Taoiseach's comments 'a cop out'

Magdalene survivors Marina Gambold and Mary Smyth at the Magdalene Survivors Together Group press conference this afternoon. Photograph: Bryan O'Brien/The Irish Times

Magdalene survivors Marina Gambold and Mary Smyth at the Magdalene Survivors Together Group press conference this afternoon. Photograph: Bryan O'Brien/The Irish Times

Tue, Feb 5, 2013, 00:00

Taoiseach Enda Kenny’s response to the Magdalene laundries report is a “cop out”, a group of survivors has said.

Maureen Sullivan, who was in a laundry in New Ross, said the response was “not enough” and she said wanted a full apology. “That is not an apology. He is the Taoiseach of our country. He is our Taoiseach of the Irish people and that is not an apology and we are calling for a proper apology," she said.

The report itself showed there was still “denial” about the profits the religious congregations made from the unpaid labour of the women who worked in them, she added.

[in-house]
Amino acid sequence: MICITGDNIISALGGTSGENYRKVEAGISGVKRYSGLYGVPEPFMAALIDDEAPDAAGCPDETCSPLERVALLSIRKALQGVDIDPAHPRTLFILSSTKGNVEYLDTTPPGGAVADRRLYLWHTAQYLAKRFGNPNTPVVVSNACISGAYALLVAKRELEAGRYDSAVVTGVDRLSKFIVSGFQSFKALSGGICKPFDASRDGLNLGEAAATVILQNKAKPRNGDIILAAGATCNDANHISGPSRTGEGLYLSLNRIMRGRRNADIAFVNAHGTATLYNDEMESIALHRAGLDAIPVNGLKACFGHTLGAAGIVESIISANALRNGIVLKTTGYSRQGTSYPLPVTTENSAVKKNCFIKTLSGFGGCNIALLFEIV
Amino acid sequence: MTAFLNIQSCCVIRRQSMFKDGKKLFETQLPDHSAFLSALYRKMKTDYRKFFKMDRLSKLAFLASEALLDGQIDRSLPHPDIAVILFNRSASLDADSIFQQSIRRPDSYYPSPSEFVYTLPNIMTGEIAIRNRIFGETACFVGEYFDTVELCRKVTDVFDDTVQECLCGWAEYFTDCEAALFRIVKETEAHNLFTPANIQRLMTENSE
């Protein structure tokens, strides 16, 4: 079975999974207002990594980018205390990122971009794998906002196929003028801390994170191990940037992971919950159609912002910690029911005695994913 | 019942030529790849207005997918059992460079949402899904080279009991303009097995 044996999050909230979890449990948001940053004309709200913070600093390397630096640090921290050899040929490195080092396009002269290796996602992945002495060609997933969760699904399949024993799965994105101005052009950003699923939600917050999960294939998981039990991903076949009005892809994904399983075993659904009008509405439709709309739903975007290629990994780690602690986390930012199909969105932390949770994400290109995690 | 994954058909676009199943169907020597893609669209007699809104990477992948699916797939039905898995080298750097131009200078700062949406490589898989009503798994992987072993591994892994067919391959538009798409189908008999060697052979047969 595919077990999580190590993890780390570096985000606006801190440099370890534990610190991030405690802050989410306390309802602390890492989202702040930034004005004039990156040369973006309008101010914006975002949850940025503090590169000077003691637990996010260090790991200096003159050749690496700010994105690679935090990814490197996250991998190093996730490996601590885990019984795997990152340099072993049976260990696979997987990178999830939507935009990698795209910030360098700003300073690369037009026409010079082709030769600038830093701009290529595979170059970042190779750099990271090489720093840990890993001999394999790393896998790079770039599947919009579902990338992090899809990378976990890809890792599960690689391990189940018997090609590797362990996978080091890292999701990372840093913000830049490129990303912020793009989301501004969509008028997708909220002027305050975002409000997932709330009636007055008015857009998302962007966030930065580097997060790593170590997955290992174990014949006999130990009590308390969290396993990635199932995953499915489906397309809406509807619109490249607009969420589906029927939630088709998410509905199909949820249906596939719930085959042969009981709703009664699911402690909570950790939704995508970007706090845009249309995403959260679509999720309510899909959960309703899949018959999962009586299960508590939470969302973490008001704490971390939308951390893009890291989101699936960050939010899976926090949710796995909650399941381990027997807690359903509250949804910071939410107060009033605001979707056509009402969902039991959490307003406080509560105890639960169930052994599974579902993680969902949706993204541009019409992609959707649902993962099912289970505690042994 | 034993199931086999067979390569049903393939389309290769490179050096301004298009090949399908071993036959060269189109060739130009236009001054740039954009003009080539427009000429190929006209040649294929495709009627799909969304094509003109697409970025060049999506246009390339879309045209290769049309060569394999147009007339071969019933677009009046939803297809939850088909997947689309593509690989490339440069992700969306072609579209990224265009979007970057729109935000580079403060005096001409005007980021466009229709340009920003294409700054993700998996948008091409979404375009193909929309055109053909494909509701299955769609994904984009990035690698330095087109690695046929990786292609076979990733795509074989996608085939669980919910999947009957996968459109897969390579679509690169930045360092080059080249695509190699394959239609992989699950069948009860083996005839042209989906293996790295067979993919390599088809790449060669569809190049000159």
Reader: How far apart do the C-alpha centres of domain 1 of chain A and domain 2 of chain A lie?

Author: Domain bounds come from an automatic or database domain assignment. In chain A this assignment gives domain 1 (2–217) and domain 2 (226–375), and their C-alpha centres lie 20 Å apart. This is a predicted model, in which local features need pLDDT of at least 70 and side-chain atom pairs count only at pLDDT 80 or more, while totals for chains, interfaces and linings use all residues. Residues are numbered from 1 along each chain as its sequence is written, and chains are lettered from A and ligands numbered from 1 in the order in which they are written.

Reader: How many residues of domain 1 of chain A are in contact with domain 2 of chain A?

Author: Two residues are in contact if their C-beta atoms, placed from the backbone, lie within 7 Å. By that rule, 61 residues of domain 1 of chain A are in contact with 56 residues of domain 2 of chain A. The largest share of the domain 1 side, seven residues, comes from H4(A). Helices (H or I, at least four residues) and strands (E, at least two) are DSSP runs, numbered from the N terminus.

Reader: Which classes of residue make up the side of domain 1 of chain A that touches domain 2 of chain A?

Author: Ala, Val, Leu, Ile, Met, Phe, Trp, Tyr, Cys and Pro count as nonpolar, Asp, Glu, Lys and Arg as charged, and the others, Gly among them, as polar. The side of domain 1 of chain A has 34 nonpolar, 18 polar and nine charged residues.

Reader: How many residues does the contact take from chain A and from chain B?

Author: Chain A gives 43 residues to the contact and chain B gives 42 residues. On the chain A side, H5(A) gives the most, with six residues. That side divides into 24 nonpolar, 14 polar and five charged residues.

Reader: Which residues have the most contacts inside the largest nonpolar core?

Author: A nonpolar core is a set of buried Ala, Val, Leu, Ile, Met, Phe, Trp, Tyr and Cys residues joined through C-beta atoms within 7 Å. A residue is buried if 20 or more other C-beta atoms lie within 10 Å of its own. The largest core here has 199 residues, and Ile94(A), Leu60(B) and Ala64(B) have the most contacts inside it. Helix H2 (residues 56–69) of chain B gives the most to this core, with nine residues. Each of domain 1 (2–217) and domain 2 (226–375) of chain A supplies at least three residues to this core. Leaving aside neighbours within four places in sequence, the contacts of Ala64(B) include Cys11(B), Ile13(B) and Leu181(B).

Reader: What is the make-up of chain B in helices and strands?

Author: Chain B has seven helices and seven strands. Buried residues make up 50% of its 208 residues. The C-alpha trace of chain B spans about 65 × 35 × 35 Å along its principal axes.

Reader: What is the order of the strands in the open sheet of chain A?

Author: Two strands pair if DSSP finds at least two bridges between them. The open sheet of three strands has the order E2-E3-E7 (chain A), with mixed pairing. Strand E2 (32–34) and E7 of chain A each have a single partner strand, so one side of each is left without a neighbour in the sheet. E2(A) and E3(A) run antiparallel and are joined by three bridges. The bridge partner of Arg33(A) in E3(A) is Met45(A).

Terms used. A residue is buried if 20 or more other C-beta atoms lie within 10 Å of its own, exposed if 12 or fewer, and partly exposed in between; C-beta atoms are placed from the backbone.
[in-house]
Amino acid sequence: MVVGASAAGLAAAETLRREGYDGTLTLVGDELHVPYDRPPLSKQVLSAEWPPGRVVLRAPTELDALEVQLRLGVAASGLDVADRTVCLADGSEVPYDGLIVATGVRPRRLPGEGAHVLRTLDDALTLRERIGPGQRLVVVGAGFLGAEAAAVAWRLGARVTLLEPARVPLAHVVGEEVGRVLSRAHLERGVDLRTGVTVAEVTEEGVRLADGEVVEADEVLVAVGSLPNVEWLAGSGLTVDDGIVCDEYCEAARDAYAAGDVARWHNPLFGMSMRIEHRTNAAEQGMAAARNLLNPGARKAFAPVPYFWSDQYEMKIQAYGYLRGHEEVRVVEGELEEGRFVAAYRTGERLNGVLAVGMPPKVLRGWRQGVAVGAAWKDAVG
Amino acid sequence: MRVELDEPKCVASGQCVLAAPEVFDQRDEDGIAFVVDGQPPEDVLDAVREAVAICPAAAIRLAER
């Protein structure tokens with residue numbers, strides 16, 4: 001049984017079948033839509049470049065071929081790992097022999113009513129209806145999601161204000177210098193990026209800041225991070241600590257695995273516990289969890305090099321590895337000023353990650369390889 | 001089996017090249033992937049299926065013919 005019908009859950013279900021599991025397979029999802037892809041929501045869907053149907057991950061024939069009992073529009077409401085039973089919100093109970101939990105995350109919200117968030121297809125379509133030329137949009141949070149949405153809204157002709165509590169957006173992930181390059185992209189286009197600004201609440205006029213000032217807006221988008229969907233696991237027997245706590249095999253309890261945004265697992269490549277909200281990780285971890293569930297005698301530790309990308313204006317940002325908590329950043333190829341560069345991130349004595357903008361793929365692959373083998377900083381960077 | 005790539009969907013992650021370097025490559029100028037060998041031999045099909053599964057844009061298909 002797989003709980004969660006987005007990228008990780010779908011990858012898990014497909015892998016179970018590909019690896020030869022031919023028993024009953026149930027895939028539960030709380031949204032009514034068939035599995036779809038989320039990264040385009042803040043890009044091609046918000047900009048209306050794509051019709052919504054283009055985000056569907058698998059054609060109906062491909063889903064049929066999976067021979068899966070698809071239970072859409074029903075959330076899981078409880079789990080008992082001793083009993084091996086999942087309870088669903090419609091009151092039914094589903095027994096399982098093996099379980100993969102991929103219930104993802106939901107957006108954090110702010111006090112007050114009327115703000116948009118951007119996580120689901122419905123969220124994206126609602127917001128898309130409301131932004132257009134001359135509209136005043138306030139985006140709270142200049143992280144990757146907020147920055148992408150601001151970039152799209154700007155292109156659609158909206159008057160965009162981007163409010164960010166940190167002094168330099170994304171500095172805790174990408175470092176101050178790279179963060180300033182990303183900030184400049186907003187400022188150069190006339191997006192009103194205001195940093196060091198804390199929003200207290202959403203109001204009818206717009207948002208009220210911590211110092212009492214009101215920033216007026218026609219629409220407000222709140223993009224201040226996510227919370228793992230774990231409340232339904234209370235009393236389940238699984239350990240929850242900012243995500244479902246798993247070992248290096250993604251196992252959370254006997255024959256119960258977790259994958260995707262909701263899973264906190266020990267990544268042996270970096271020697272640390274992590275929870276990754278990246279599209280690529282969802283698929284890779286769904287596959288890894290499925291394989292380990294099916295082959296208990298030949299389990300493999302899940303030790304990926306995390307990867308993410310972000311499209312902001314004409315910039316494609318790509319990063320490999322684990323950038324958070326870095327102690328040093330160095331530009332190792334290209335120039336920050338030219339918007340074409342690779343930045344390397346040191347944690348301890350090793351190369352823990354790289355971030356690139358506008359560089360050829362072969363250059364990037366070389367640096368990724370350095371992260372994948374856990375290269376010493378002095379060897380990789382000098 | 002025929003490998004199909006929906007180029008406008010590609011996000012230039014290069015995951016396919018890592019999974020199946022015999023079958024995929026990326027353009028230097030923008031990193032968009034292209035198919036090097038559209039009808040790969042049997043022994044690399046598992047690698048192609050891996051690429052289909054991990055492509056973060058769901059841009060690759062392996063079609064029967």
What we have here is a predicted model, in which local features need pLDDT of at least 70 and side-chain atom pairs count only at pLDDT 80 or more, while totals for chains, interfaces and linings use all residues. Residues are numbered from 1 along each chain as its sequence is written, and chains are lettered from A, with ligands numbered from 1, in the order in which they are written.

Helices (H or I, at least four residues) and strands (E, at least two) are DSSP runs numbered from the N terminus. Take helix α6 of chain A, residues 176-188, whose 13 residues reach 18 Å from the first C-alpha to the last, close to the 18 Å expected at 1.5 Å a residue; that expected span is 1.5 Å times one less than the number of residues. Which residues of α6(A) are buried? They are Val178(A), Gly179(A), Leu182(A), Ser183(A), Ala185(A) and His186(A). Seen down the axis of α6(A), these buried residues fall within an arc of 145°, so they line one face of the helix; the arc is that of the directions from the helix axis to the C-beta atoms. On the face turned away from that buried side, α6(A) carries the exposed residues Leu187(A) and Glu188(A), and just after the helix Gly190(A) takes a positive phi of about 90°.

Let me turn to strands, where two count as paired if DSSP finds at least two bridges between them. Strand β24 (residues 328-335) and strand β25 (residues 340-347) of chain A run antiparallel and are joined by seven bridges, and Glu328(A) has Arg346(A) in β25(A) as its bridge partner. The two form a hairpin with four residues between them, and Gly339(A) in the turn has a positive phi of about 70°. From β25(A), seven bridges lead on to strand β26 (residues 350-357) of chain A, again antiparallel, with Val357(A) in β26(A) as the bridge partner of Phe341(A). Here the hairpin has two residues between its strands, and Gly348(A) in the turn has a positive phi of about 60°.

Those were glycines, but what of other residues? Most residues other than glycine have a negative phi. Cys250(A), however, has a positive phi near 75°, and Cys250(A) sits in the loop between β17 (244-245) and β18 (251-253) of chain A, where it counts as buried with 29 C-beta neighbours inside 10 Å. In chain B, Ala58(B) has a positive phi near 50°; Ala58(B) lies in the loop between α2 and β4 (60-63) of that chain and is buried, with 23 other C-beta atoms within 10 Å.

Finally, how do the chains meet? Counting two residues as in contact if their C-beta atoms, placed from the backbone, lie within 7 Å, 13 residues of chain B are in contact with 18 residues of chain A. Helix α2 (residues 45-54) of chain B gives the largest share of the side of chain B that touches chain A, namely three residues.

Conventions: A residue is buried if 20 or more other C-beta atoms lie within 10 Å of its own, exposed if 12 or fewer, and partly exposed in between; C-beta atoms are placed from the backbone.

“Those comments from Enda Kenny are a complete and utter cop out,” said Steven O’Riordan of the Magdalene Survivors Together.

He said the Taoiseach was “so sneaky and so quiet” about dealing with the banking crisis and if he put as much effort into the Magdalene report as that “maybe we would get the results that we require”, he added.

The group were looking for the State to give a full apology and pay back wages and pensions to women who worked in the laundry, Mr O’Riordan said. They also wanted the religious congregations to pay compensation, he added.

The group has looked at taking a case against the State and Catholic Church but would prefer for the “State to do the right thing”.

The report said just over 10,150 were put in Magdalene laundries and this was “far less significant figure than what we imagined originally, which was 30,000”, said Mr O’Riordan. But there were also 11,000 women which there was insufficient information included in the laundries’ registers, he added.

While the report said there was no evidence of sexual or physical abuse, it showed there was psychological abuse, he said.

The report was “comprehensive” and “damning” and was “not only an embarrassment for the Government and the church but the whole of Irish society”.

“For the first time in the history of the Magdalene institutions we have a comprehensive report which shows the true extent of the State’s role with regard to these asylums,” he said.